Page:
Washington Post by Jason Samenow February 1, 2017
If you peruse NASA’s social media feeds dedicated to climate change, you would have no clue a new administration has taken power that has expressed doubts about the reality or seriousness of the issue.
Trump has long been a global warming doubter, at one point calling it a Chinese hoax. In a November interview with the New York Times, he would only concede there may be “some connectivity” between human activity and climate change.
But on Monday, and in direct contradiction to Trump, the @NASAClimate Twitter account retweeted a scientific finding that humans are climate change’s dominant cause. “Humans are changing the climate 170 times faster than natural forces, according to a new study,” the tweet said.
This finding was not only at odds with Trump’s view of the issue, but also Scott Pruitt’s, his pick to head the Environmental Protection Agency. During his confirmation hearing, Pruitt waffled on the linkages between human activity and climate change, saying: “I believe the ability to measure, with precision, the degree of human activity’s impact on the climate is subject to more debate on whether the climate is changing or whether human activity contributes to it.”
NASA’s climate change website has a far less ambiguous characterization: “The vast majority of actively publishing climate scientists — 97 percent — agree that humans are causing global warming and climate change.”
On Wednesday, NASA’s climate change Facebook page highlighted the specter of “significant” damages from climate change, quoting the United Nations Intergovernmental Panel on Climate Change.
Trump, of course, has been dismissive of the scale of the problem, telling The Washington Post: “I just think we have much bigger risks.”
The Facebook post touting the risk of climate change damages then linked to NASA’s website on climate change effects. It states scientists have “high confidence” in predictions of future temperature rise. This doesn’t quite square with a statement of Rex Tillerson, now Trump’s secretary of state. Tillerson said the ability to predict the effect of increasing greenhouse gases is “very limited” during his confirmation hearing.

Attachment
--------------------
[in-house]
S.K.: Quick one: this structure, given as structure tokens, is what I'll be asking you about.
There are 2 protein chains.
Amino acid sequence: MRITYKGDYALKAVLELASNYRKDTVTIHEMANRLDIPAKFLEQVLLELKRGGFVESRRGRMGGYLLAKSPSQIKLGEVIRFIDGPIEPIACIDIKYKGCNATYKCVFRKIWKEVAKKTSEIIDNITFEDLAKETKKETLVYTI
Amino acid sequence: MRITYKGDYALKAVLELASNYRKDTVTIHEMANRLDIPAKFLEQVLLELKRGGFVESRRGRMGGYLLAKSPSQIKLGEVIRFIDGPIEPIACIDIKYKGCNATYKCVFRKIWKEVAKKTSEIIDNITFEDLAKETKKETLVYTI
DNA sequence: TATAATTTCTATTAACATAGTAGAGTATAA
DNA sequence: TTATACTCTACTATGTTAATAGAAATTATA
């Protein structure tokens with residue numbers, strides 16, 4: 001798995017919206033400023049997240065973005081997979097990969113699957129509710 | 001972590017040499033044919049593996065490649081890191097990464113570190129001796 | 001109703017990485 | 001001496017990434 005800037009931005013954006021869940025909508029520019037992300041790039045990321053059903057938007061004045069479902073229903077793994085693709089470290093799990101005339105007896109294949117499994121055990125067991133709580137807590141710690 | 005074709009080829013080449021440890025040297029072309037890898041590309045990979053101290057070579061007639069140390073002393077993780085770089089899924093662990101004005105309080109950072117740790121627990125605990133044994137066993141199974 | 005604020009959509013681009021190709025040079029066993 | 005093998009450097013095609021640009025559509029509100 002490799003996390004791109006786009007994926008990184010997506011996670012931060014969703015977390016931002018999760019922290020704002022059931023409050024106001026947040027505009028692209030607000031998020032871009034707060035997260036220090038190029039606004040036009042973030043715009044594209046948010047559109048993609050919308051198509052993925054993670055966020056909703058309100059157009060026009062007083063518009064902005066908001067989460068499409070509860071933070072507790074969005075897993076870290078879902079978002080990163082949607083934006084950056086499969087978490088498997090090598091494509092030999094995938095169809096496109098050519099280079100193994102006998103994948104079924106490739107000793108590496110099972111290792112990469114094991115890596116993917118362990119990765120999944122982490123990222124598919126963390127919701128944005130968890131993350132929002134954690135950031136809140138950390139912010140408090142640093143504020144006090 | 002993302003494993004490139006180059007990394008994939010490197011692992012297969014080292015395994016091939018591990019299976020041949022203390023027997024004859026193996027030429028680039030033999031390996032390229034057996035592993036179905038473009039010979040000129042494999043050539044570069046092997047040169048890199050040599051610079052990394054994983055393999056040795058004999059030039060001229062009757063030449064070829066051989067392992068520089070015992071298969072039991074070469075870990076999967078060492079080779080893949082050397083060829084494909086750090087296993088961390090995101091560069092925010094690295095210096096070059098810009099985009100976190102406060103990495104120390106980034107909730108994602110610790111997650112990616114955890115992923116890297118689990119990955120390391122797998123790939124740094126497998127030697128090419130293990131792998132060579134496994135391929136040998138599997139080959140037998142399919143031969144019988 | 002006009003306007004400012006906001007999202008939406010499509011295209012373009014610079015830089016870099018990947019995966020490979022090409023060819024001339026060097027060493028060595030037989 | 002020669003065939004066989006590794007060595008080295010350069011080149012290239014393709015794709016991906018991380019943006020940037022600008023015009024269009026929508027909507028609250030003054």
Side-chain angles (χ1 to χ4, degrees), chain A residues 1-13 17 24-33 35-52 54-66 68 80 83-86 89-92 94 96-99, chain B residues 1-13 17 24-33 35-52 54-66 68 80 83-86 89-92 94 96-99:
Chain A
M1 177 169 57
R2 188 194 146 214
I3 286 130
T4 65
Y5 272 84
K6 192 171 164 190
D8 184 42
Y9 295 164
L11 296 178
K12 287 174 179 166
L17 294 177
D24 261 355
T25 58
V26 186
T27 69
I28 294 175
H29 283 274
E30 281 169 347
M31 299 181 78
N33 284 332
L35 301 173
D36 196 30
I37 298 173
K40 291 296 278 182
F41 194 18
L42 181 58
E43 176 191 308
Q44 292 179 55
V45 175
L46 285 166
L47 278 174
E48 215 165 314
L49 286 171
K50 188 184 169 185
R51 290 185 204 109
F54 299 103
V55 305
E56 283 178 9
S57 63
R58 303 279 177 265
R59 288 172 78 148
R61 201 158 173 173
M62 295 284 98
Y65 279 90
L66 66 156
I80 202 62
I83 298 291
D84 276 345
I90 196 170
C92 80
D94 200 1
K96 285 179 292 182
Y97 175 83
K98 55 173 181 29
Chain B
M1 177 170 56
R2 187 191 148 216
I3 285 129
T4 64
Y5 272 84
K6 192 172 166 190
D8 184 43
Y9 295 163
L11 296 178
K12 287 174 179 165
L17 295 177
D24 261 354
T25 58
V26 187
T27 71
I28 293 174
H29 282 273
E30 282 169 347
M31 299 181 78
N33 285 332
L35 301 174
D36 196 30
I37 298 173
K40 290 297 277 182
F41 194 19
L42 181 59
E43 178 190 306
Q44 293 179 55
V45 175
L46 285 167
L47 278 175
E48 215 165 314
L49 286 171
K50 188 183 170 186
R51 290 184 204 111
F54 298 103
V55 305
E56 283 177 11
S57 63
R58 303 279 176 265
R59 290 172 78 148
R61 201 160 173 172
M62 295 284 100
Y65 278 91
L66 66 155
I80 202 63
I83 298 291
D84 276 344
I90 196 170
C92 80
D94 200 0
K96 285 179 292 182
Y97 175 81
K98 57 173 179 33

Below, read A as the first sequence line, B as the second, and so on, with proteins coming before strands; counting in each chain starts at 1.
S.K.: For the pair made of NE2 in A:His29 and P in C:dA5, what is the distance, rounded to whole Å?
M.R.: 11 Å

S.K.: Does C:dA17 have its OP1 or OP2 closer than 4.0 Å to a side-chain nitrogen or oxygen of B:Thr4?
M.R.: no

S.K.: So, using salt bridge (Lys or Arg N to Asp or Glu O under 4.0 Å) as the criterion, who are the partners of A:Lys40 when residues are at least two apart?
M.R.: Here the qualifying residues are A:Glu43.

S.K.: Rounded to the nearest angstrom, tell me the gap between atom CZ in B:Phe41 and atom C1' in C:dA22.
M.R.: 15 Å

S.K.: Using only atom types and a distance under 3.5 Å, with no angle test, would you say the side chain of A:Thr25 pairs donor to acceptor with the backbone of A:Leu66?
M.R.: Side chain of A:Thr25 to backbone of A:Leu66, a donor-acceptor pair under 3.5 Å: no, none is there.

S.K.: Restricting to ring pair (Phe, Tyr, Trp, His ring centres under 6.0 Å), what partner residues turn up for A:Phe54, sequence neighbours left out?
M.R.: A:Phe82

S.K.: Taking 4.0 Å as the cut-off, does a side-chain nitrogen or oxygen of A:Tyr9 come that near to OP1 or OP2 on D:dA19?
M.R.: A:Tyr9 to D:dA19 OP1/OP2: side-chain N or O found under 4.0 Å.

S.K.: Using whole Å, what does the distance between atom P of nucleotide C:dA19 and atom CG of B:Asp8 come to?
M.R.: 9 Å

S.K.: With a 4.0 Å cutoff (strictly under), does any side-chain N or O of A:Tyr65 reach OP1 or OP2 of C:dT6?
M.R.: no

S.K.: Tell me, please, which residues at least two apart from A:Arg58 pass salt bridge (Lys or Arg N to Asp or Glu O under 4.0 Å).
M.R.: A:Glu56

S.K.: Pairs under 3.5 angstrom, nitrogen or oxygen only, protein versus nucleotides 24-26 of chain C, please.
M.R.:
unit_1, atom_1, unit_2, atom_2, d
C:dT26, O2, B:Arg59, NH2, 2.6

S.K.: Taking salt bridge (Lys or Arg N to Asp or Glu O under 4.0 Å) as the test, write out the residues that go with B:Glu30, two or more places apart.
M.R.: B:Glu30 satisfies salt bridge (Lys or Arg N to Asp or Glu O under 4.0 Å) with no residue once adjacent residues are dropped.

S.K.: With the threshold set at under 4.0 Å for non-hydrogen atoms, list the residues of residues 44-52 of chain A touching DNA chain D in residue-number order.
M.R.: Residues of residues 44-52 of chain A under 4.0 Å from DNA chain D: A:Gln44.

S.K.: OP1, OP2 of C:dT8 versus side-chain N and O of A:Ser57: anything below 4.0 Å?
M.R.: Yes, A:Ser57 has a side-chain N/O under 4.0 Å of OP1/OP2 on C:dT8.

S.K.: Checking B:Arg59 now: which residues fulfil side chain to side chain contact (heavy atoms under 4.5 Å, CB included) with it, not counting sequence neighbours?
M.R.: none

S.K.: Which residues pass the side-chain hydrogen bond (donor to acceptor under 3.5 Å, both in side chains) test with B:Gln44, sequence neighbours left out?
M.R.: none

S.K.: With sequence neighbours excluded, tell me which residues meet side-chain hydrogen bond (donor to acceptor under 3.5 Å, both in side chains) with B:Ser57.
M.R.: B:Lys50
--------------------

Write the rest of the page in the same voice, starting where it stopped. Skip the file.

NASA appears unfazed by the political winds swirling around the climate change issue. It has steadfastly shared information, even when out of step with the positions of new leadership.
NASA’s active presence on social media is in stark contrast to the EPA, which hasn’t published a single tweet since Trump was inaugurated. Trump’s officials imposed a media blackout at the agency.
The EPA media blackout and the administration’s stance on climate change have worried some scientists that more drastic efforts to suppress scientific information may follow. Some scientists are even working with computer coders to back up federal online data, including NASA’s, out of fear the administration will remove it.
NASA insists none of its data has been touched.
“Availability of NASA Earth science data has not changed in recent months, nor have any Earth science data sets been taken offline,” the agency said in statement. “Since 1994, NASA has supported a full and open sharing of data from Earth science satellites, field campaigns and research.”
One does wonder whether NASA will be an enduring safe-haven for climate change science information and if it will continue to post information that contradicts the positions of administration officials. But so far, no one has stopped it.